Fr: Cormoran de Bounty
Ang: Bounty Island Shag - Bounty Shag
All: Bountyscharbe
Esp: Cormorán de las Bounty
Ita: Cormorano delle Bounty
Nd: Bounty-aalscholver
Sd: Bountyskarv


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Bounty Island Shag
Leucocarbo ranfurlyi

Suliformes Order – Phalacrocoracidae Family

The Bounty Island Shag is endemic to the remote subantarctic Bounty Islands, about 670 kilometres SE to New Zealand. These islands are a nature reserve with limited access, and the formerly introduced predators have been eradicated. The population size is small but stable, in spite of living in reduced range.

Length: 71 cm
Weight: 2300-2900 g

The adult has black head and upperparts, with blue sheen on most feathers. On the upperwing, the wing-coverts are dark brownish-black with bronzy sheen. Numerous individuals show variable white wing patches over lesser and some median wing-coverts. Some males may have white markings on the back too.

The underparts are white, including chin, throat and foreneck. The outer side of the thighs is black. The underwing is blackish with variable white bar at base of the leading edge.

The head is black with greenish gloss. In breeding plumage, the facial skin is red to dark red, whereas gape and gular pouch are brighter orange-red. There is a single, rather long, black crest on the forecrown. The caruncles are absent.
The slender bill is brown or pink with dark ridge and paler hooked tip. The eyes are dark greenish-grey to light brown. Legs and webbed feet are pink with variable grey markings on tarsi and toes.

The breeding season starts in October.
The female builds the nest with materials brought by the male. The nest is a flattened bowl made with brown algae (Marginarilla), feathers, stones and mud.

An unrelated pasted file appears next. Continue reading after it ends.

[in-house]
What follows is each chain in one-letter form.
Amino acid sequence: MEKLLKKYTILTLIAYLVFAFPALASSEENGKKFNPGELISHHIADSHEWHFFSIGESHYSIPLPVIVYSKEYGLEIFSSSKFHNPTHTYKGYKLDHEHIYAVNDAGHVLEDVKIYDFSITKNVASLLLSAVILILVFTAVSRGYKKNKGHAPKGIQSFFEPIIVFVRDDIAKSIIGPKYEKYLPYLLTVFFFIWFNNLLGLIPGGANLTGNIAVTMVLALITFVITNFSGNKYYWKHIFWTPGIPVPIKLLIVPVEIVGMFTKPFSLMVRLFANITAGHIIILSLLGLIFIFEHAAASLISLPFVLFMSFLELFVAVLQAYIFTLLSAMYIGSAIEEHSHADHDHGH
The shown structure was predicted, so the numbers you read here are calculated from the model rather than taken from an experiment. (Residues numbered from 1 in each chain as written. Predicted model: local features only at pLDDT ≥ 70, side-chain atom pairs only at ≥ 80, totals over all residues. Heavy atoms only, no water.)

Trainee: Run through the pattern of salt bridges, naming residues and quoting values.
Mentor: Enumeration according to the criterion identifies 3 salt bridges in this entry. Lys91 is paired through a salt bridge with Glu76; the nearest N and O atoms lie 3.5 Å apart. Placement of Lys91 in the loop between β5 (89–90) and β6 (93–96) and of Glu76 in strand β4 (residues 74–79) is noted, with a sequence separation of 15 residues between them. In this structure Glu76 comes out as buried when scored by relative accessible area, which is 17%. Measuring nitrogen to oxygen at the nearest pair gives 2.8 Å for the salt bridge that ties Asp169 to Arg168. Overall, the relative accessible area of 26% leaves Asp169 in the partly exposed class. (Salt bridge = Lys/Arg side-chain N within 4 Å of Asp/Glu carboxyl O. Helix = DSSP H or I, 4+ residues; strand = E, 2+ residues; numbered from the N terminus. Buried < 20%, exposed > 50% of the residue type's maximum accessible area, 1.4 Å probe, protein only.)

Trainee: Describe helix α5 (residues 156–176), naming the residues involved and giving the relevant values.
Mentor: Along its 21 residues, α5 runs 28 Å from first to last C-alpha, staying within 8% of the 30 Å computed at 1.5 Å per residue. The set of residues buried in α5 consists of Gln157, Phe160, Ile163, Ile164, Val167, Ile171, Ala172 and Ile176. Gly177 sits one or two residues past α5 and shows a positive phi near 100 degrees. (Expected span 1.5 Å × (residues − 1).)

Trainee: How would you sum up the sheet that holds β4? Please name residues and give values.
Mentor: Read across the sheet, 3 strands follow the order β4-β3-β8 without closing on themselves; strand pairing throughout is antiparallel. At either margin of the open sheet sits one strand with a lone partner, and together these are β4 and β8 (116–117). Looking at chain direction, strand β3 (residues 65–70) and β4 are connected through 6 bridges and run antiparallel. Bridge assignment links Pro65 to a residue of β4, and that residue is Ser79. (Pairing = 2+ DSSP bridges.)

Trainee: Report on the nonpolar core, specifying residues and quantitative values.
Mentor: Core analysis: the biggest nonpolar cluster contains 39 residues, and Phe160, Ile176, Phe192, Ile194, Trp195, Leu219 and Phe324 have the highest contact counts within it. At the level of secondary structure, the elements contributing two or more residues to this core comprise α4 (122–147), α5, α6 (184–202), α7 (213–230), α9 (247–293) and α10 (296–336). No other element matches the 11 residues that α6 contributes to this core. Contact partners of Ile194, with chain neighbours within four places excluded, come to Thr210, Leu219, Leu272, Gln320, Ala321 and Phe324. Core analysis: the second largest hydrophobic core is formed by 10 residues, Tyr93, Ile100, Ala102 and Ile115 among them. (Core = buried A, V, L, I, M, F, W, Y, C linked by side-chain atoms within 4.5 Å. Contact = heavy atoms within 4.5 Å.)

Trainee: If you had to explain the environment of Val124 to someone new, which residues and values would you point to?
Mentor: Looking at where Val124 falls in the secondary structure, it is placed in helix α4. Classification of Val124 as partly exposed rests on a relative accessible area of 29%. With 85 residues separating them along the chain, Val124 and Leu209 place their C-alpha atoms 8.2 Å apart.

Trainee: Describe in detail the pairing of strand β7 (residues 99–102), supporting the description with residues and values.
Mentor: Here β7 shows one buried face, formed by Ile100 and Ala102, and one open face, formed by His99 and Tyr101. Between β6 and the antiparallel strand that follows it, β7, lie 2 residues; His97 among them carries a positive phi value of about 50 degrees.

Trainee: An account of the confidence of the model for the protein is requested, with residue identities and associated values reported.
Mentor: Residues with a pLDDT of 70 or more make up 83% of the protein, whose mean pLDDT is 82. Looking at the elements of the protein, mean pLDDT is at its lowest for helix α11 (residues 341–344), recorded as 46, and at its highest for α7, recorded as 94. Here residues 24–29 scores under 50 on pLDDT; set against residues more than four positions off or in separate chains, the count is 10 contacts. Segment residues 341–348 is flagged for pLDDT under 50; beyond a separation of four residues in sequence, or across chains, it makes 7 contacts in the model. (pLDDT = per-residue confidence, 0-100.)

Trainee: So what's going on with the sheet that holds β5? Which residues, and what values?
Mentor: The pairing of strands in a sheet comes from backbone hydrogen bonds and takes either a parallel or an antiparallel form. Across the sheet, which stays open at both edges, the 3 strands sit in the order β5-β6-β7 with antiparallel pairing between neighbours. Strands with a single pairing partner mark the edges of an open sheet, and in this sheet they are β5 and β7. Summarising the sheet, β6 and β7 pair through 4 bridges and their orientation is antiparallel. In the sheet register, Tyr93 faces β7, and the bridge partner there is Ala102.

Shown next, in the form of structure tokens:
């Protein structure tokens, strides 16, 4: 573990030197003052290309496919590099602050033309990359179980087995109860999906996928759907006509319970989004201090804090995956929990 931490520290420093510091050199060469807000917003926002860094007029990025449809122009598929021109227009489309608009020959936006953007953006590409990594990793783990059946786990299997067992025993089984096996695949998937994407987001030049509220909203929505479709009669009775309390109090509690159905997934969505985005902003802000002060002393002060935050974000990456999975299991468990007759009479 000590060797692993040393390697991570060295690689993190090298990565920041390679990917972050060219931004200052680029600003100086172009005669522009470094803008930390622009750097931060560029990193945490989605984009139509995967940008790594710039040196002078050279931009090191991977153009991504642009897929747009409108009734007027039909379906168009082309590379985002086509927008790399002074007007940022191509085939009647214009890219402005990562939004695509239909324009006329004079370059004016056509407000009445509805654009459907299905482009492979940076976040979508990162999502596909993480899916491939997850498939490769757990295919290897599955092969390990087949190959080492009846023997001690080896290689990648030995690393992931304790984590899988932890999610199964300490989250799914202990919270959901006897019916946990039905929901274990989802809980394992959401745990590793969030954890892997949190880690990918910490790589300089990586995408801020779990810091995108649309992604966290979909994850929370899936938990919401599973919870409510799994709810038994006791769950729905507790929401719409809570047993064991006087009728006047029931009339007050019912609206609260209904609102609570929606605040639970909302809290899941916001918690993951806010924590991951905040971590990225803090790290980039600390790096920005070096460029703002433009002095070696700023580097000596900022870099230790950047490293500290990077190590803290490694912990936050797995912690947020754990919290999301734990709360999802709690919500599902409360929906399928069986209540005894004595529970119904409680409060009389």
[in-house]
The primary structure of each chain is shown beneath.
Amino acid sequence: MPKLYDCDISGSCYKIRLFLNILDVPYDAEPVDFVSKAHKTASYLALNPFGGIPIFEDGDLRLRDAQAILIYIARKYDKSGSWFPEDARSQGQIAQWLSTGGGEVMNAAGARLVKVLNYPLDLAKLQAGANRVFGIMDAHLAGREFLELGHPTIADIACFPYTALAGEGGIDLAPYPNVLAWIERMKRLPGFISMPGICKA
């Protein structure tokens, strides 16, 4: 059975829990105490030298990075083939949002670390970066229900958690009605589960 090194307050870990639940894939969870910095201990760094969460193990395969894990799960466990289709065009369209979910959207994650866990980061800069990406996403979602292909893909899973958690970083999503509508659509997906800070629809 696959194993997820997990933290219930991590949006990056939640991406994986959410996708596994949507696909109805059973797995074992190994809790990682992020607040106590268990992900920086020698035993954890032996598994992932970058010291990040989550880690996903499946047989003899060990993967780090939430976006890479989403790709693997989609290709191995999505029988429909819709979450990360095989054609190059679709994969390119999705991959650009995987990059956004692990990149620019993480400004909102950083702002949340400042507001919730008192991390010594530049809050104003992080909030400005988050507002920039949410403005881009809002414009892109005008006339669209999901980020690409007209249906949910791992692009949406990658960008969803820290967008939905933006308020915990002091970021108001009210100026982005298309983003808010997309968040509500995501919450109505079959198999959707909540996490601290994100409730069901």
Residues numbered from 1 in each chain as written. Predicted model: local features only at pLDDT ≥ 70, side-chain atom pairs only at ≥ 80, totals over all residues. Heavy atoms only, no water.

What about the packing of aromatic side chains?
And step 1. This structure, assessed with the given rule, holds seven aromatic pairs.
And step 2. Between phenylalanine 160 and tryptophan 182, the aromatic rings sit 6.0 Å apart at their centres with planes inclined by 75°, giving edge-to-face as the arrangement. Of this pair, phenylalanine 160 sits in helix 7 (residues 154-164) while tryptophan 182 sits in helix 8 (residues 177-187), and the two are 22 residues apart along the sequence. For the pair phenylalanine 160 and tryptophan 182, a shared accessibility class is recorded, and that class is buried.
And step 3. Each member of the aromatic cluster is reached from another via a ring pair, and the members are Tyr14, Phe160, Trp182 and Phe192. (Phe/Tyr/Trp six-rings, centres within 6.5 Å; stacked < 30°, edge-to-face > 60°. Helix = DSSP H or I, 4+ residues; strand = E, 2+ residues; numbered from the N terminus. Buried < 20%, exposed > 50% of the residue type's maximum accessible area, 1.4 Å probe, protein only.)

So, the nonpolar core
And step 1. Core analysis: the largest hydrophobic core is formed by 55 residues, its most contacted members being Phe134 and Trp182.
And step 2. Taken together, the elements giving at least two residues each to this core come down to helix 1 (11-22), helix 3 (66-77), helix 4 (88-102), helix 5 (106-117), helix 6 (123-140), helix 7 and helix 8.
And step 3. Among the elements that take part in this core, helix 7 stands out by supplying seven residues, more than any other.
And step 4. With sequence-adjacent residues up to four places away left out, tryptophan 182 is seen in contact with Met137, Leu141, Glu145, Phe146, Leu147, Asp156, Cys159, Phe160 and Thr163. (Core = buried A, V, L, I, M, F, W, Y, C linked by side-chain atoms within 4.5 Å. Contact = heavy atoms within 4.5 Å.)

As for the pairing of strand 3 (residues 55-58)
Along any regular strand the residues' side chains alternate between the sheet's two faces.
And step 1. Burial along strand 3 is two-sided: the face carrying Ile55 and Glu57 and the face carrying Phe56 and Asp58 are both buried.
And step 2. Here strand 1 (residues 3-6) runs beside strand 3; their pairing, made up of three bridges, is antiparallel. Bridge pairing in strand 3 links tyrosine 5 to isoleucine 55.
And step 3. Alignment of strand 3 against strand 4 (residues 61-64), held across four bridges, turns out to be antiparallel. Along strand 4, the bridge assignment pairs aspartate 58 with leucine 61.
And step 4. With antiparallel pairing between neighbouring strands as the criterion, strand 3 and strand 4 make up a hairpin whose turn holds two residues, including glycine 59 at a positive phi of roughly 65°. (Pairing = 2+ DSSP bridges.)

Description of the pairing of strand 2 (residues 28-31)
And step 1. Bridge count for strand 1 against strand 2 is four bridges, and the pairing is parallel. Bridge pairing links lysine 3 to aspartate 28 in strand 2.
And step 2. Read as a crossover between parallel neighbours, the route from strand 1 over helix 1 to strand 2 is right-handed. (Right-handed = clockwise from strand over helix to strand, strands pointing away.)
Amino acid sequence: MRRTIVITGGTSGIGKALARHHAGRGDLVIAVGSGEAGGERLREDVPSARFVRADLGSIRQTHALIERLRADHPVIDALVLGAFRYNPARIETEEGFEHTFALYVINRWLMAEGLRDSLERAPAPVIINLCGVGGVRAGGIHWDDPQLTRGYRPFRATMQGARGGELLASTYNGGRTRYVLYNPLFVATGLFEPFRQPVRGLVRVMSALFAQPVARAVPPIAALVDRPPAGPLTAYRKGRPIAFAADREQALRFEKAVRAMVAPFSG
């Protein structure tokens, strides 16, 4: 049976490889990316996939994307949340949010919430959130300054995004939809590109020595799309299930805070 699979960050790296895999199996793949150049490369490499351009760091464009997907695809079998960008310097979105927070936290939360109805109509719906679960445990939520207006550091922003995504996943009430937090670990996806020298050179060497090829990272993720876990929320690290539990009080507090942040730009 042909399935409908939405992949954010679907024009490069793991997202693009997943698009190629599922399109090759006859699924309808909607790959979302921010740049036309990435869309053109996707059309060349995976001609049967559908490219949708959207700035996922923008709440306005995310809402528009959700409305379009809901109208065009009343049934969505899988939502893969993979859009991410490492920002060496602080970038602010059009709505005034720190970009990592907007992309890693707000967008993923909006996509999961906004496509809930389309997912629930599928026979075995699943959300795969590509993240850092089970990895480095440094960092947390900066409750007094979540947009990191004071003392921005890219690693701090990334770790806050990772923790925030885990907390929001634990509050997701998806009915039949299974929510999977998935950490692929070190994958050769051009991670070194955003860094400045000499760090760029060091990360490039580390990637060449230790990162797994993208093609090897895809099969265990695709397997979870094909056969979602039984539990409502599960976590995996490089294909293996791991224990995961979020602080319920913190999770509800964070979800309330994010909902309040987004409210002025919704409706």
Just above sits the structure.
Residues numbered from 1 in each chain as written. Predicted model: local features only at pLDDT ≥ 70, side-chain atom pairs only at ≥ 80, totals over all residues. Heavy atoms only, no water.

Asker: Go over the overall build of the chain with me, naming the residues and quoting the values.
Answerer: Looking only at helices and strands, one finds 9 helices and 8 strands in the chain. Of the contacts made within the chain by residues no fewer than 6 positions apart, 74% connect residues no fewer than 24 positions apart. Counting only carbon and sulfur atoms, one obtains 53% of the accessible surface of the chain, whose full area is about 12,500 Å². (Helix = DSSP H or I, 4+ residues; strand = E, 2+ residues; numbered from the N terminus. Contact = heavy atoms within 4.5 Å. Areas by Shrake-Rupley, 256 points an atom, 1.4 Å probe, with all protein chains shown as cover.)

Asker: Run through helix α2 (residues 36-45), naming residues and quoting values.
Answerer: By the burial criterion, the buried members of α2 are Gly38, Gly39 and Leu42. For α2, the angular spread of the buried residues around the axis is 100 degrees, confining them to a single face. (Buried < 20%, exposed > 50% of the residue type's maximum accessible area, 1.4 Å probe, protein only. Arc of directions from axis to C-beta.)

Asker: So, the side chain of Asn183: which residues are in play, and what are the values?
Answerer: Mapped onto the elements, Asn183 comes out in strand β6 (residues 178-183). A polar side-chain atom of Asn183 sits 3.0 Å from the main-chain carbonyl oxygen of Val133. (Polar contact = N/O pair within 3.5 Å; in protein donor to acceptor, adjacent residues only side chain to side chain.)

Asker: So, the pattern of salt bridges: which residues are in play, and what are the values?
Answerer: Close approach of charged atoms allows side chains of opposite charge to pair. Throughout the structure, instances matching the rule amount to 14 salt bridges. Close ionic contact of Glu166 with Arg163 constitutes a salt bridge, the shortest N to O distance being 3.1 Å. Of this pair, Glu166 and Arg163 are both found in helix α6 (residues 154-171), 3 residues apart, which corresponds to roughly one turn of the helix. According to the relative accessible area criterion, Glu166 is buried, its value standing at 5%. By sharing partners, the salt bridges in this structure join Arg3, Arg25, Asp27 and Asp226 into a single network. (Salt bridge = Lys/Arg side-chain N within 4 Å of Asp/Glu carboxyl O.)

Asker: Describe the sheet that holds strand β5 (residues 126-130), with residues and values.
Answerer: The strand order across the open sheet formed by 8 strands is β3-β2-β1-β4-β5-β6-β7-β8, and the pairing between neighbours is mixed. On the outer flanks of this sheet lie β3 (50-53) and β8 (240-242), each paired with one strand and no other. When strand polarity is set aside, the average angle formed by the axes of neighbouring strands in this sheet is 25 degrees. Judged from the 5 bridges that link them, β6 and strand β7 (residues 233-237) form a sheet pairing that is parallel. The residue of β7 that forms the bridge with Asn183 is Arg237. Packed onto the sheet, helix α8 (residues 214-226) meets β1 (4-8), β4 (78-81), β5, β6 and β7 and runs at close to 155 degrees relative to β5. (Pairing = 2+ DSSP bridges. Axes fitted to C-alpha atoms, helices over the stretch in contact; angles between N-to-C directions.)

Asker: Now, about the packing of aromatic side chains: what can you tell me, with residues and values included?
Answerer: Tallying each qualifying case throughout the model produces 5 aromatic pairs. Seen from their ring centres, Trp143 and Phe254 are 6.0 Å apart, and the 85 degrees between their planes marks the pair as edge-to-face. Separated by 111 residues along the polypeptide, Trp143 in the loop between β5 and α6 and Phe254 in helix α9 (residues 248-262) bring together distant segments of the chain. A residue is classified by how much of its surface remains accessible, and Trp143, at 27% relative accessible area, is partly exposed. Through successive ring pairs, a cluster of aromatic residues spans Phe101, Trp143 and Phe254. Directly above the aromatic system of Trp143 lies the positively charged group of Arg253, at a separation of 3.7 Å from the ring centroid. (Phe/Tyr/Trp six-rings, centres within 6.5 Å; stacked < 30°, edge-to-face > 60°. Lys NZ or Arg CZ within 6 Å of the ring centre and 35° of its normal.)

The Bounty Island Shag breeds in colonies on narrow ridges on sea-cliffs, on ledges or in alcoves. The nests are about a metre apart.
Some displays still occur at nest until all the eggs are laid.

The female lays 2-3 eggs, and both sexes share the incubation. The changeover is accompanied by greeting ceremonies between mates while the male produces soft sounds. It collects material for the nest through the incubation period, often regurgitating pellets and pebbles.
The hatching may occur in late November and December. No more information.

The Bounty Island Shag has very restricted breeding areas due to competition for breeding space with marine mammals, Sulidae and Spheniscidae.
The natural predators such as the Brown Skua and the Kelp Gull sometimes take eggs and chicks.
However, the major threat for this species is the weather. Severe storms may involve chick losses due to the exposed nesting areas on cliffs. The adults can be killed by storms while foraging too.
But in spite of these threats, the small population appears stable. There are at least 620 individuals with 410 mature birds.
The species is currently classified as Vulnerable, and was moved to Nationally Endangered in 2013, with predicted decline 10-50 %.

The non-breeding adult is duller, with reduced or absent crest.
Both sexes are similar with the male slightly larger than the female.
The juvenile has brown upperparts and pale facial skin.

The Bounty Island Shag is found on Bounty islands, SE to New Zealand. The species also occurs in the adjacent surrounding inshore waters.

The Bounty Island Shag forages and feeds at sea and near the coasts. It breeds on sea-cliffs, on ledges or in alcoves, and along narrow rocky ridges.  

The Bounty Island Shag male produces soft purring “corr-corr” at rest, and utters ticking calls during the courtship displays, including some “he-he-he” while performing gaping-display. While mating, it makes soft “borr-borr-borr”. The female is usually more silent.  

The Bounty Island Shag feeds on small fish and marine invertebrates such as cephalopods, isopods, crabs and sea urchins. They can form large feeding flocks of up to 300 individuals. Like other cormorants, it dives from the surface and pursues the prey underwater. This species forages on the seabed.
Like the other “pink-footed” shags, it does not dry its wings by spreading them.

During the breeding season, the male performs typical displays such as “gargling” while it stands erect and swings the head backwards until touching the rump. It also performs “bill-gaping” to display the bright coloured gape, with raised tail and dropped wings.
During this period, the male occupies and defends some suitable nest-sites.

The Bounty Island Shag is sedentary, but it can be vagrant to Antipodes Islands, S to Bounty Islands.
The flight is powerful with regular wingbeats interspersed with some glides.